Monday, August 31, 2009
The U.S. Constitution grants us freedom of religion, not freedom from religion. Therefore, it is permissible for a government building -- such as the Capitol building in Olympia -- to host religious displays as long as the opportunity is open to all religions.
Unfortunately, some folks have a tough time with that concept. Last Christmas an atheist group put up an anti-religion sign next to the Nativity scene in the state Capitol.
The sign was allowed as part of government's policy that gives everyone equal access to place religious displays. Well, the sign didn't sit well with a number of folks and protests followed.
It got ugly, particularly when TV talk show host Bill O'Reilly fanned the flames of the controversy.
Well, it's not going to happen this Christmas. The state's Department of General Administration, which oversees the Capitol campus grounds, has put in place an interim policy that prohibits any non-governmental display. That means the only thing on display around Christmas will be a "holiday" tree.
"We want to preserve everyone's right to free expression," said Steve Valandra, spokesman for the state. "We just want to make sure we manage things better than last year."
In other words, if people can't play nicely together everybody gets out of the pool.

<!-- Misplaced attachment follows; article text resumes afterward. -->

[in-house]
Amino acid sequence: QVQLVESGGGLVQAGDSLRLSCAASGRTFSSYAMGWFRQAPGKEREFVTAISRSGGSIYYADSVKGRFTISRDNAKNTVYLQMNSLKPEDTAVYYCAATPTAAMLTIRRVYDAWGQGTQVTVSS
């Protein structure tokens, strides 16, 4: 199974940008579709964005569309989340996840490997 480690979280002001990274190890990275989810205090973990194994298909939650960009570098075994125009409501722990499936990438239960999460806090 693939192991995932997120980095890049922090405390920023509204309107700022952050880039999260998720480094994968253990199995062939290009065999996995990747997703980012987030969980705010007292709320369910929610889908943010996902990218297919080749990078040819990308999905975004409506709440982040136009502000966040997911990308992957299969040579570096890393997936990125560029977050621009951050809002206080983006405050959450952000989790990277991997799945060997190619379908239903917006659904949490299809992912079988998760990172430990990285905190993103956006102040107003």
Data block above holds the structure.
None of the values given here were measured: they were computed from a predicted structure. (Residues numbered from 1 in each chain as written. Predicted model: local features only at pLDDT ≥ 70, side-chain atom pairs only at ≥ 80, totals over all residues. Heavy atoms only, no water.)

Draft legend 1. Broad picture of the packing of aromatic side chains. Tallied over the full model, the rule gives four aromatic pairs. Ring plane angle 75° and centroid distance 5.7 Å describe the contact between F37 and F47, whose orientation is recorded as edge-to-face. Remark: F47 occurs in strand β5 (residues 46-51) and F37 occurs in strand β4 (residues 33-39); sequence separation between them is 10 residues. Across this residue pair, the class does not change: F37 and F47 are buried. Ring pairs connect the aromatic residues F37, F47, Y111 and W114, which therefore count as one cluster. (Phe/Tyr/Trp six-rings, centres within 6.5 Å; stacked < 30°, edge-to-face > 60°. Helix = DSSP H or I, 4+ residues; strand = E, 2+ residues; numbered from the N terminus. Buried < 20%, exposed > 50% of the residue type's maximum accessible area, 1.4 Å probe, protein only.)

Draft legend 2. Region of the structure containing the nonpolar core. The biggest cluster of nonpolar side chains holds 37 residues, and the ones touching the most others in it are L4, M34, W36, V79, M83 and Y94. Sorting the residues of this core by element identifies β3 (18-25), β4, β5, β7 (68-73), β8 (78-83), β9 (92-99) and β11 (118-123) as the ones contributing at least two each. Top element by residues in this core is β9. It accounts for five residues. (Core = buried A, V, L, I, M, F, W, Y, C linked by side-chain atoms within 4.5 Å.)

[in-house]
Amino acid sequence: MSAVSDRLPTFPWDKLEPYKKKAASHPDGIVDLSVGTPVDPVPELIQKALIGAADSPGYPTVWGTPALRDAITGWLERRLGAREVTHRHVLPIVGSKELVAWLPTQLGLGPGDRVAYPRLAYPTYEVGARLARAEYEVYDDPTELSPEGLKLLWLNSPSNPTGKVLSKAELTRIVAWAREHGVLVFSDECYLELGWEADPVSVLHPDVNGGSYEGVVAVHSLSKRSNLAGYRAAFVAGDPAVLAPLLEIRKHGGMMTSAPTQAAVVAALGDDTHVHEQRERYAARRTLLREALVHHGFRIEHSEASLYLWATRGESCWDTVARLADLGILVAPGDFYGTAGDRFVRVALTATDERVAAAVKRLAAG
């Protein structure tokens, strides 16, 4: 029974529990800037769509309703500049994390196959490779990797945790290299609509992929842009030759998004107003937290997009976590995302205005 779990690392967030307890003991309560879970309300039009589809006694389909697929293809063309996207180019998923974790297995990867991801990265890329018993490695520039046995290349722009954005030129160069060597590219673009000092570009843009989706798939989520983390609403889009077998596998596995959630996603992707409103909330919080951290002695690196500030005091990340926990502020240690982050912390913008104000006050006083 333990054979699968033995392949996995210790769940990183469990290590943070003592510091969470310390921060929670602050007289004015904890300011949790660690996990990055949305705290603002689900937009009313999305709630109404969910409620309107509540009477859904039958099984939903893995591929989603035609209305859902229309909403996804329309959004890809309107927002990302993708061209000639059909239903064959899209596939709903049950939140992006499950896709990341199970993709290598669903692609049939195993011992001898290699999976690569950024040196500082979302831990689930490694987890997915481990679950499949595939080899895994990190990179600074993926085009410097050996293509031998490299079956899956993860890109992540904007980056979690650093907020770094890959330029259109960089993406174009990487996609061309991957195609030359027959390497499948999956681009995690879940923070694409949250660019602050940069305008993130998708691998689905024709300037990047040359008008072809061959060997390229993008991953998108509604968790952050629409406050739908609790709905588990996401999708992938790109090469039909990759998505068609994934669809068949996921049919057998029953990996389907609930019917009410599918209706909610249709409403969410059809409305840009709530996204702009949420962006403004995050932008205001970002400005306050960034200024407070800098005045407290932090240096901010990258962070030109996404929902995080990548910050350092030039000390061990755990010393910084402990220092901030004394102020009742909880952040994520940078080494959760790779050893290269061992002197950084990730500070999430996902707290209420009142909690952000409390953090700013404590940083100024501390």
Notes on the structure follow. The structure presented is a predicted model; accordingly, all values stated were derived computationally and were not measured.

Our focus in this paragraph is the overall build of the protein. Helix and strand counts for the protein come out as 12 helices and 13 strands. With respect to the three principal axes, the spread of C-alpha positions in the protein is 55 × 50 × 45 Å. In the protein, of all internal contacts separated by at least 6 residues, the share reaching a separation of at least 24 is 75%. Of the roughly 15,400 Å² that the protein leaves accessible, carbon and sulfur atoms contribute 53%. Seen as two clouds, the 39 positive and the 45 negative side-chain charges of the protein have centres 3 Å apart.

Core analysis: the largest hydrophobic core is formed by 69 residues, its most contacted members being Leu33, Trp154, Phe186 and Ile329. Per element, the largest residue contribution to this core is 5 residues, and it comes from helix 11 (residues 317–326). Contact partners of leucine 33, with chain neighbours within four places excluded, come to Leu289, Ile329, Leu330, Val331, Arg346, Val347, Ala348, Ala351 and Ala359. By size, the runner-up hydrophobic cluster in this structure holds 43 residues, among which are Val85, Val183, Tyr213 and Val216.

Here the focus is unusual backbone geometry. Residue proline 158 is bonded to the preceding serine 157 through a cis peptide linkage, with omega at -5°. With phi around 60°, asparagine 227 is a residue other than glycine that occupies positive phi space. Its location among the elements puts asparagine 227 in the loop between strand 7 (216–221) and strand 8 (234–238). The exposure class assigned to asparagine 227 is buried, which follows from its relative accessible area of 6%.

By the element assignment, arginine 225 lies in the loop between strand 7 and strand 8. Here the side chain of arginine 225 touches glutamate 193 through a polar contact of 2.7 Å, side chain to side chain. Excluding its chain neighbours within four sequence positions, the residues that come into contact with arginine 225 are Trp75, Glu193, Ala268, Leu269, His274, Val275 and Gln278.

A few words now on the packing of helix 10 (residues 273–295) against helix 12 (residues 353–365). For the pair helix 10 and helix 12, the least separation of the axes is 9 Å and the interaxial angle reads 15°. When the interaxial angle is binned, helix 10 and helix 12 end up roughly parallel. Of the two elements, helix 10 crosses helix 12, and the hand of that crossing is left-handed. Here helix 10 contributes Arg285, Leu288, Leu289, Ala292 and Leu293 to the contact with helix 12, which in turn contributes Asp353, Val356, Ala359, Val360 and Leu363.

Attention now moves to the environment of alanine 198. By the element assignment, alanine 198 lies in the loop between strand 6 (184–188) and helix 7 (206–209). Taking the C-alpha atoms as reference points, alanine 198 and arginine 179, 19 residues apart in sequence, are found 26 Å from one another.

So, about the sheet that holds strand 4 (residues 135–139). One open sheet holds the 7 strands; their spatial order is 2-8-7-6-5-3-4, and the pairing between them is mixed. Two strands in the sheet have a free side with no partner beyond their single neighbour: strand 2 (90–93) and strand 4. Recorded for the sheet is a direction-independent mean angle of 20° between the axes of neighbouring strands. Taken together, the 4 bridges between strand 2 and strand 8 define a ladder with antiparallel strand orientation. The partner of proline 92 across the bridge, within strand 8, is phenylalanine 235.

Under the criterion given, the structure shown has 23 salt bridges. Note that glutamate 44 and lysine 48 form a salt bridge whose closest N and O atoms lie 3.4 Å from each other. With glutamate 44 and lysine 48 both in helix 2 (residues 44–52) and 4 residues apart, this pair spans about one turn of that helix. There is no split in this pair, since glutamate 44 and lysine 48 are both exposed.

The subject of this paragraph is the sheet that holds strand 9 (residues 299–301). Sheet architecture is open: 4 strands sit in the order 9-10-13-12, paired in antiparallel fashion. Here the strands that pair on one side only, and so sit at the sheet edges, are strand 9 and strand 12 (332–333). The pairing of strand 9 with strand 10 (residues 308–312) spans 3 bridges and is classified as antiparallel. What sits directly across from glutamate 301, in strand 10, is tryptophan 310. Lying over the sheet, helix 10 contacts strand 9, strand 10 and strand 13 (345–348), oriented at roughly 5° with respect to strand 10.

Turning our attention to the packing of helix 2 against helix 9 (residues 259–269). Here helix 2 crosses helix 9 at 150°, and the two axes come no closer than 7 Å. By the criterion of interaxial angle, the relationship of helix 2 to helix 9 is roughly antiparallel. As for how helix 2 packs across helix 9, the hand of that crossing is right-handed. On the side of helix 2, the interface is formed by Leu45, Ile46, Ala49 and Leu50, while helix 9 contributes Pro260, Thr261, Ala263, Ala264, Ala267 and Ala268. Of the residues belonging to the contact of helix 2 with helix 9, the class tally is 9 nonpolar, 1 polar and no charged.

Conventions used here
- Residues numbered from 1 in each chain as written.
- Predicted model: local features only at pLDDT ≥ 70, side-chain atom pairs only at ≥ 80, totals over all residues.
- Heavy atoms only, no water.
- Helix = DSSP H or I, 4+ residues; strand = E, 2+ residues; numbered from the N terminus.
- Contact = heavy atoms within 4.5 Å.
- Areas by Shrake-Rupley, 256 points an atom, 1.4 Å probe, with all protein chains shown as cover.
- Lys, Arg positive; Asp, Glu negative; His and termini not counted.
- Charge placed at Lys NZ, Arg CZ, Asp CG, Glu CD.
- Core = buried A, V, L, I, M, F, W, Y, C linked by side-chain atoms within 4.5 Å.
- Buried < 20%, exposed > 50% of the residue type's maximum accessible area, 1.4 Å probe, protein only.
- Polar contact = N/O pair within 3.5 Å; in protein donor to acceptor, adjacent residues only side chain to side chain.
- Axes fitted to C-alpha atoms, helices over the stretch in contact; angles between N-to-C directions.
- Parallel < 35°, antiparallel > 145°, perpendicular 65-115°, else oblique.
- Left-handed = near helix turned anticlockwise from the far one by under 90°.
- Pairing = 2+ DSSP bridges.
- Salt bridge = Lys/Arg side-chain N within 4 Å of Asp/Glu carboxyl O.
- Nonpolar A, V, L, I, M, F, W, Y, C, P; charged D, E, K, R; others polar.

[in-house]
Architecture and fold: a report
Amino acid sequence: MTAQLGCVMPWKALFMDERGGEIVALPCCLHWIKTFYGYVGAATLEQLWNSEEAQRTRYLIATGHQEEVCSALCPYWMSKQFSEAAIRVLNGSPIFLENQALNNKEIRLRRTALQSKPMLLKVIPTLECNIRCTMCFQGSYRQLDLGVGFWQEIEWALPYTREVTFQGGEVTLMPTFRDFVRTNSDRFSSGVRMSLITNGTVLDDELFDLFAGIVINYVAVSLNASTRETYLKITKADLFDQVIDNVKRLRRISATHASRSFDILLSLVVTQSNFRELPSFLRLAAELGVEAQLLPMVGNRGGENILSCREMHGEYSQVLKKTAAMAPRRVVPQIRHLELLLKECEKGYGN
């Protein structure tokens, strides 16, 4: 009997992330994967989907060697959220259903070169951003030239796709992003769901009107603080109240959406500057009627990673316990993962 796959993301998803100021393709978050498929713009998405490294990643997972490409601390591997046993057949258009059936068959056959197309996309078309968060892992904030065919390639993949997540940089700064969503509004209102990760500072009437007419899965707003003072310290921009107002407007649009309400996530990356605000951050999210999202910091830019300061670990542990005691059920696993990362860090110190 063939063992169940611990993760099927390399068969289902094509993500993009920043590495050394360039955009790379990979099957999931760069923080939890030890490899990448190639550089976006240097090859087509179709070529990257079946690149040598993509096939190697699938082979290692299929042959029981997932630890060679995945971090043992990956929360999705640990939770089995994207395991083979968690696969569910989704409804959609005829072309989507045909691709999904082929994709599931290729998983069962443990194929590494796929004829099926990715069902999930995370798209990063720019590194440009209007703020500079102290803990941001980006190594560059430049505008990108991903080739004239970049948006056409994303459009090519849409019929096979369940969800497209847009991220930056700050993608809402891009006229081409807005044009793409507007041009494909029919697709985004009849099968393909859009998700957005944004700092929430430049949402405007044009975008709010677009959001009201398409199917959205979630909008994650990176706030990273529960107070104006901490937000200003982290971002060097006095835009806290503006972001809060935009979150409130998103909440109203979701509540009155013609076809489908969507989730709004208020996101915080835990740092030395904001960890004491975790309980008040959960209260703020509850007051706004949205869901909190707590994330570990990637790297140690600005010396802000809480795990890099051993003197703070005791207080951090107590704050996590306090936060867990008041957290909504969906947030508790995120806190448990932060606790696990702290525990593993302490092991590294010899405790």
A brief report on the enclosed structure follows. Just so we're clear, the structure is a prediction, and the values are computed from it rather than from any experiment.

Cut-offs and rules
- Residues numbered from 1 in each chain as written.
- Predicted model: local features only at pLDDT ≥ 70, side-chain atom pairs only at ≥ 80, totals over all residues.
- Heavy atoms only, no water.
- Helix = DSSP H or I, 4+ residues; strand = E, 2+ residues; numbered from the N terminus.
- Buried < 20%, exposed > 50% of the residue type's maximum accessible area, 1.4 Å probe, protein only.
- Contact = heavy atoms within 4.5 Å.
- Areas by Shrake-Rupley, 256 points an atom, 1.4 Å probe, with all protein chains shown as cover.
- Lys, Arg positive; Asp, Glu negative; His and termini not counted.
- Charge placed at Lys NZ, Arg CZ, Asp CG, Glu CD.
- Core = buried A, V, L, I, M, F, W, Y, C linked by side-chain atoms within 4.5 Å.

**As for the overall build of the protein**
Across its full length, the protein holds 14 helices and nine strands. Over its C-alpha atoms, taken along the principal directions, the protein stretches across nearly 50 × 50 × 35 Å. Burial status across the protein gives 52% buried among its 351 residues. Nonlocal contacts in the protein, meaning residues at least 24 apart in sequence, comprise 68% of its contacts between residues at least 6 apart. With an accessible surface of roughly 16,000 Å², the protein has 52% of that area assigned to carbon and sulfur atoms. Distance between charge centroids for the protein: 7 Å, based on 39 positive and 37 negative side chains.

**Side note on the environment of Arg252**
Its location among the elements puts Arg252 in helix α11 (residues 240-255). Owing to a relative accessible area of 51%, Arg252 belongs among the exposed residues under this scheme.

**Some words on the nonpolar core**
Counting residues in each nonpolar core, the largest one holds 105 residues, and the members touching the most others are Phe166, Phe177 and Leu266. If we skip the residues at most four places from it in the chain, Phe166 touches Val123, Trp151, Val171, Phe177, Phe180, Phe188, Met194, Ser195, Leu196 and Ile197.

We see nothing wrong with a tasteful Christmas display or a Nativity scene at the state Capitol as long as those with differing views on religion have the same opportunity. The state is now putting together a policy to ensure the rights of all are respected.
Generally, this constitutionally protected approach works smoothly.
But the Freedom From Religion Foundation was looking for a fight, and those who don't buy their anti-religion message decided to engage. That was a mistake. Had people just ignored its little game it would have gone away defeated.
Creating a fuss gives the group the exposure it wanted.
And now it has successfully done away with Christmas displays at the Capitol -- at least for now. Although, the idea of a "holiday" tree probably irks those behind the Freedom From Religion Foundation.
Ultimately, however, the Freedom From Religion Foundation's message is as misguided as is its name.
The Constitution mandates government not promote one religion over another; it does not prohibit religion nor does it mention a freedom from religion.
Still, the state made the right call in putting a temporary halt to private groups putting up displays in the Capitol.
More importantly than putting up a display in government buildings, those who wish to put Nativity scenes in their homes, on their lawns or at their businesses have the constitutionally protected right to do so.